Service and therapy animals can be very beneficial for people with various disabilities, including autism, epilepsy, physical disabilities, and blindness.

Service and therapy animals can be very beneficial for people with various disabilities, including autism, epilepsy, physical disabilities, blindness, and others. These animals are trained based on the specific needs of an individual and are able to perform tasks such as alerting a diabetic owner to a drop in blood sugar, assisting with daily tasks for a physically disabled person, or providing emotional support for someone with autism or PTSD.

Studies have shown that exposure to animals improves morale and communication, boosts self-esteem, calms anxiety, and even reduces blood pressure and heart rate. The benefits of a trained service animal or therapy animal can be enormous for someone with a disability. Service animals can also be used to augment traditional physical, occupational, and speech therapies and to provide more support.

Interacting with a dog, cat, or other service animal or therapy pet can improve quality of life and can be especially beneficial for those with autism as the level of intimacy can help teach them the meaning of friendship and how to bond.

The difference between service animals and therapy pets

There are several distinctions between service animals and therapy pets. Service animals are carefully trained to do things that their disabled owner is not able to do because of his or their disability. These are working animals and are not generally considered pets. Therapy pets, as well as emotional support animals, on the other hand, provide companionship and can help with depression, anxiety, PTSD, autism, and communication difficulties. Service animals are almost always dogs, while therapy and emotional support animals can be any type of pet.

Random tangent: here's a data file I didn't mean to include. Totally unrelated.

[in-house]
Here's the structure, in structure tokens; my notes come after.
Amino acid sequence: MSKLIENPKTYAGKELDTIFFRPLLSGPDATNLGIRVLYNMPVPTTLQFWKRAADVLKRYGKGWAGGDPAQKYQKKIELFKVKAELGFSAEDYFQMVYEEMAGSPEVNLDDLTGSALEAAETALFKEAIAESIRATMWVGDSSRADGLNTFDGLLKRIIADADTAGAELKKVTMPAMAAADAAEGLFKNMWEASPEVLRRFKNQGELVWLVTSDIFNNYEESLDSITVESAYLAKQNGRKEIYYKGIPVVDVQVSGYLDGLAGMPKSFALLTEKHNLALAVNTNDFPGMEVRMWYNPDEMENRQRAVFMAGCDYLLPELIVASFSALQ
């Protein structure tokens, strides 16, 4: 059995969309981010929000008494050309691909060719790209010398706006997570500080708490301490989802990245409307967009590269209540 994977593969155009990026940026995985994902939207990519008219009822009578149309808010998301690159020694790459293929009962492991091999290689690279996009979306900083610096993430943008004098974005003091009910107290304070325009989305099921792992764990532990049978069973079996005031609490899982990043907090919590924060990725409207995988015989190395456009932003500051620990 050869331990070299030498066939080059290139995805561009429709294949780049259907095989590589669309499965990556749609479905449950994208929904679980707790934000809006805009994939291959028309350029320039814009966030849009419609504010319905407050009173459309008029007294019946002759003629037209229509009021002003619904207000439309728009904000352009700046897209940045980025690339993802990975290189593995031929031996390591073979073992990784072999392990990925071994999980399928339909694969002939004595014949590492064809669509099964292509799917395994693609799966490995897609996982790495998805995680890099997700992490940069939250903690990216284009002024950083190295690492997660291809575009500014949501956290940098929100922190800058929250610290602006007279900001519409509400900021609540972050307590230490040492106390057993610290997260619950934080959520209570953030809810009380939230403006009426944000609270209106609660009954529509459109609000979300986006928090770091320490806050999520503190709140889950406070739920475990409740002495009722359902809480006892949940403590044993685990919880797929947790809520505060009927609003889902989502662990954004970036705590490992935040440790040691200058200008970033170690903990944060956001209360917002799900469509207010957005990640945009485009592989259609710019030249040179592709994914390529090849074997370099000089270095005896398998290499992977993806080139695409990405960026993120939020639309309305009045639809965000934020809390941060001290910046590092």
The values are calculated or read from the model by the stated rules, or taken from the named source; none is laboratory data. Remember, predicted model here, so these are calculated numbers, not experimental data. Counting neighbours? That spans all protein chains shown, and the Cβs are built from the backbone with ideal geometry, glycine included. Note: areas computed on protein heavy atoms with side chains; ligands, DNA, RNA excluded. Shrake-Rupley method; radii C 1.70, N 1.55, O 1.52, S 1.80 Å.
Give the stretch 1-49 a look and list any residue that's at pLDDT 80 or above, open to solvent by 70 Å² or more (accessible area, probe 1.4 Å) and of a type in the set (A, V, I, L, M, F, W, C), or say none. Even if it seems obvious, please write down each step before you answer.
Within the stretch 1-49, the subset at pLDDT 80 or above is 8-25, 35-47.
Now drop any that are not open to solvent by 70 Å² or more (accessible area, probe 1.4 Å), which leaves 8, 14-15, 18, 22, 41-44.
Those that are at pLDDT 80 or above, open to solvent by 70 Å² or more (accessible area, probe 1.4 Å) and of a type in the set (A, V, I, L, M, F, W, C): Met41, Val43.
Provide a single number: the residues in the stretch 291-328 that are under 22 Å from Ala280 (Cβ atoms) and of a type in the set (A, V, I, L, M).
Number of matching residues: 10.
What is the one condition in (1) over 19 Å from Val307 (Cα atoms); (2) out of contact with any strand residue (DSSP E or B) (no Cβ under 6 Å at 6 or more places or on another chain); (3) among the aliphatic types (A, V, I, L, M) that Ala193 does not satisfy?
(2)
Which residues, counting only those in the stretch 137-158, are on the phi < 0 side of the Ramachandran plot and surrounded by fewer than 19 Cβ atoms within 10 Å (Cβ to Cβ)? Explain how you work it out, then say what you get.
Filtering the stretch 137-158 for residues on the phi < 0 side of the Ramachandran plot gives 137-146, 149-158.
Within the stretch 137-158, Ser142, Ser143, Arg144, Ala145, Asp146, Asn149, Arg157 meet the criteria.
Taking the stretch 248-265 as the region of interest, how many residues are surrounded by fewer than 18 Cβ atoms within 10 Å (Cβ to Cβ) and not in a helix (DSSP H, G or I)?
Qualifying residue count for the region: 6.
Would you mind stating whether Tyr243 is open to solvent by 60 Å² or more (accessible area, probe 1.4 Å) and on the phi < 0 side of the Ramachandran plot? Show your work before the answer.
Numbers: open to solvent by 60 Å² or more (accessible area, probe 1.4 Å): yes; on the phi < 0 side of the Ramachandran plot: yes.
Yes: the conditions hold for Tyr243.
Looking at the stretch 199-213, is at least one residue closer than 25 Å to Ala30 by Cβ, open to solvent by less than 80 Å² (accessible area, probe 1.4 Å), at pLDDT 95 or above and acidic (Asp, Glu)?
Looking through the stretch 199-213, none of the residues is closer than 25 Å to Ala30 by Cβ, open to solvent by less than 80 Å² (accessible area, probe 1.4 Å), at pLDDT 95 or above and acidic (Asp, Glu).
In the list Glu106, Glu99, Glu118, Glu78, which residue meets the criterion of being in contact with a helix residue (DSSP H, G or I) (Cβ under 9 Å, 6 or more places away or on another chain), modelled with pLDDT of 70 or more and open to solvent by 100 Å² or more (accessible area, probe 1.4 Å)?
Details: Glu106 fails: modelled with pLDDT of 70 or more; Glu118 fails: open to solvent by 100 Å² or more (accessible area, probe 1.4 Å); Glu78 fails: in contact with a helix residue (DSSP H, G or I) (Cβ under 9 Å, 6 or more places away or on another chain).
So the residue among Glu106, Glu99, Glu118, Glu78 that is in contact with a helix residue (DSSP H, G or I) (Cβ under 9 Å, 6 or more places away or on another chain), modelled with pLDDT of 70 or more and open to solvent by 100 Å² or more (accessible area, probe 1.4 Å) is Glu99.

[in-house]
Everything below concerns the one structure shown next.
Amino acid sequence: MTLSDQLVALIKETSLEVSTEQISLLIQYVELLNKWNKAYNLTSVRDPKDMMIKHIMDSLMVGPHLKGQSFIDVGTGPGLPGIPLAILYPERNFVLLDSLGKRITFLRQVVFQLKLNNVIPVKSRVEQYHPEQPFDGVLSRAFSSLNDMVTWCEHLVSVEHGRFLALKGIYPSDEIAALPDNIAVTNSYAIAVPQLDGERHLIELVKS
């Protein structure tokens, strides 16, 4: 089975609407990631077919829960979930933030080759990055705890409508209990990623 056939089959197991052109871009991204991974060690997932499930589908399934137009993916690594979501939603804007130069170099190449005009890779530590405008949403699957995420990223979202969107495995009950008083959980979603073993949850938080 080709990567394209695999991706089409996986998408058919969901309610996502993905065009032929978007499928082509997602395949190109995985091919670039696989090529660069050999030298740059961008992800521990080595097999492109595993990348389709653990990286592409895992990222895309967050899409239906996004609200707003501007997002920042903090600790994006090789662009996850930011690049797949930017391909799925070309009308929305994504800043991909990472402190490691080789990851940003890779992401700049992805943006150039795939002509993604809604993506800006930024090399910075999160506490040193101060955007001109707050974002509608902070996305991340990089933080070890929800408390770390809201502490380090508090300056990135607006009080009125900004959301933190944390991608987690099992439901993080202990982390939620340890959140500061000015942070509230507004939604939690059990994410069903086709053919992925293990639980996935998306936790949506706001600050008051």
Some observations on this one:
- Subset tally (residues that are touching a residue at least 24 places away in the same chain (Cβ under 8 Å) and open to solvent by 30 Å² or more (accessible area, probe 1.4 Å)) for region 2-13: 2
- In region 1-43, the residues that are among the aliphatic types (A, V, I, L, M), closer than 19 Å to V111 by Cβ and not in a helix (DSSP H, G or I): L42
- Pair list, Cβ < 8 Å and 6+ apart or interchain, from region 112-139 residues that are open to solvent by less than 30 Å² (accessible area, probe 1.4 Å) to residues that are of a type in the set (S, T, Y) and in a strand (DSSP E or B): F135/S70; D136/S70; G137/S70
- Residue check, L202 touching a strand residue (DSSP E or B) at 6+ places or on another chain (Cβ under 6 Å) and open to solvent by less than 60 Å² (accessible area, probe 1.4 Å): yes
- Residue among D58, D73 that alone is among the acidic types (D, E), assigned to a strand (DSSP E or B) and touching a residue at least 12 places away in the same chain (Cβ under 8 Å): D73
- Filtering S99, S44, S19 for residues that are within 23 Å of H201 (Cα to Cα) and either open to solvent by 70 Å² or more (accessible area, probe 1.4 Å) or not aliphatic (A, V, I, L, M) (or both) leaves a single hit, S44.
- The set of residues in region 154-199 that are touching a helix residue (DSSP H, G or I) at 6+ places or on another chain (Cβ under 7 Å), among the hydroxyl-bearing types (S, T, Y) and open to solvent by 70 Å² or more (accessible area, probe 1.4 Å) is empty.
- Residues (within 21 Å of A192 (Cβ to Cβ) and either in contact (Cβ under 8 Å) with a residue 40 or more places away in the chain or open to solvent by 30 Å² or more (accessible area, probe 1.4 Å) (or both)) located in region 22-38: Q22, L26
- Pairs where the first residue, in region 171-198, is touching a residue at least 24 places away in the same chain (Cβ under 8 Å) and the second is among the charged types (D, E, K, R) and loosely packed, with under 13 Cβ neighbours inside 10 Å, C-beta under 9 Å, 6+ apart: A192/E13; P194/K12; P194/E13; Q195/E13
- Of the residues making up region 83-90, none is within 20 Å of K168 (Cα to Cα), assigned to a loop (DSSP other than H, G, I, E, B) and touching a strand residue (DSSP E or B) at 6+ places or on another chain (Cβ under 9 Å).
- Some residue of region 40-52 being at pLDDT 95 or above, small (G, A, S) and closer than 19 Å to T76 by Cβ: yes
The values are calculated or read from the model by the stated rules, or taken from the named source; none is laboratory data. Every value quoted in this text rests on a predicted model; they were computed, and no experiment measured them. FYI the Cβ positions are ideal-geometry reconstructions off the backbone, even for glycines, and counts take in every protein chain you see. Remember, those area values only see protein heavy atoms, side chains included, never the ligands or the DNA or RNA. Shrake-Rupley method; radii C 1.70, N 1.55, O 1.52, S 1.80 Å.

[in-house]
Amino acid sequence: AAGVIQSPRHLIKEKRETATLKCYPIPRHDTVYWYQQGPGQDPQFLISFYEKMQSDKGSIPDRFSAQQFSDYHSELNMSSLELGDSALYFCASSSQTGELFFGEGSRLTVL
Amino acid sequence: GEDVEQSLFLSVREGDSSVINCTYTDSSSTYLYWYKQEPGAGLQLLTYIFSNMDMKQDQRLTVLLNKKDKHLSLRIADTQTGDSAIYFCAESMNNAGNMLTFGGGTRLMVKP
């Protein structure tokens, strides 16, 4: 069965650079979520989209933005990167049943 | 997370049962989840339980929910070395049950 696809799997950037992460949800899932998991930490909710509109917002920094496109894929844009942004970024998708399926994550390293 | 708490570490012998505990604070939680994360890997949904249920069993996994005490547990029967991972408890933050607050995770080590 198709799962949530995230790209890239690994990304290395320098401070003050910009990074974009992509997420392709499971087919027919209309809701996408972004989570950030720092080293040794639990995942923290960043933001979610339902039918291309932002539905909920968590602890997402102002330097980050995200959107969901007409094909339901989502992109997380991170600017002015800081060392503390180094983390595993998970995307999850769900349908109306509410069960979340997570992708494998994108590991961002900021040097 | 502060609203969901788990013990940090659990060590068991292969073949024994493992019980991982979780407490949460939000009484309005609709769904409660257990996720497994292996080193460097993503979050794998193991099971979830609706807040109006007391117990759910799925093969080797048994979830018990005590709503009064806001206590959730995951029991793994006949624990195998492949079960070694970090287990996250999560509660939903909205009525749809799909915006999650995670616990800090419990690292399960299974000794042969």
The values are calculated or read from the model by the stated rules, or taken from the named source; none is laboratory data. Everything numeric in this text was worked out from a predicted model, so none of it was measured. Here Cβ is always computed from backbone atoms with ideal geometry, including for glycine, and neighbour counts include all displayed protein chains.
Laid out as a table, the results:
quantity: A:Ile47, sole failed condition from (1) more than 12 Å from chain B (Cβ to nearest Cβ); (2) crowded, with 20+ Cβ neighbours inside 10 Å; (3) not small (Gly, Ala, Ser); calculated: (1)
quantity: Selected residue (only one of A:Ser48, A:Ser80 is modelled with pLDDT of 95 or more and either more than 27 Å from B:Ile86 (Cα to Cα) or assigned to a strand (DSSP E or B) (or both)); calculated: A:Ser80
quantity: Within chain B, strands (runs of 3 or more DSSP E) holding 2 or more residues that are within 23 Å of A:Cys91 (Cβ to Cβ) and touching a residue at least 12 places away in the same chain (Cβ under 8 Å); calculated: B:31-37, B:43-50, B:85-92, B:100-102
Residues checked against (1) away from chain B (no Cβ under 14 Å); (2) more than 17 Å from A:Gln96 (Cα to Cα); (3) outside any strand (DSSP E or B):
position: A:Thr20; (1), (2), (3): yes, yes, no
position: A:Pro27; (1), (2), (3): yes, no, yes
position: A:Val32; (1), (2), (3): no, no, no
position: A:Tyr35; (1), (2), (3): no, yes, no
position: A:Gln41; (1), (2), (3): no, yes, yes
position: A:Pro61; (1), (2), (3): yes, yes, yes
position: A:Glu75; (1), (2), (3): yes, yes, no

Types of service animals

Different types of service animals include guide dogs, hearing dogs, mobility dogs, medical detection dogs, psychiatric service dogs, and autism dogs. Depending on the disability of their handlers, service dogs are trained to perform a variety of tasks such as retrieving dropped items, alerting to a sound, pressing an automatic door button, or reminding their owner to take medications.

Some examples of the types of service dogs include:

  • Guide Dog: used to guide people who have severe visual impairments or are legally blind.
  • Hearing Dog: alerts a deaf or hearing-impaired person when a sound occurs, such as an alarm clock ringing or a knock on the door.
  • Physical Disability Service Dog: assists people with a physical disability by performing tasks that their partner cannot do or has trouble doing, such as turning on and off light switches or retrieving dropped items.
  • Psychiatric Service Dog: assists individuals with psychiatric disabilities, including Post Traumatic Stress Disorder, to detect the onset of psychiatric episodes and to help mitigate the effects.
  • Sensory signal dog or social signal dog: helps an adult or child with autism.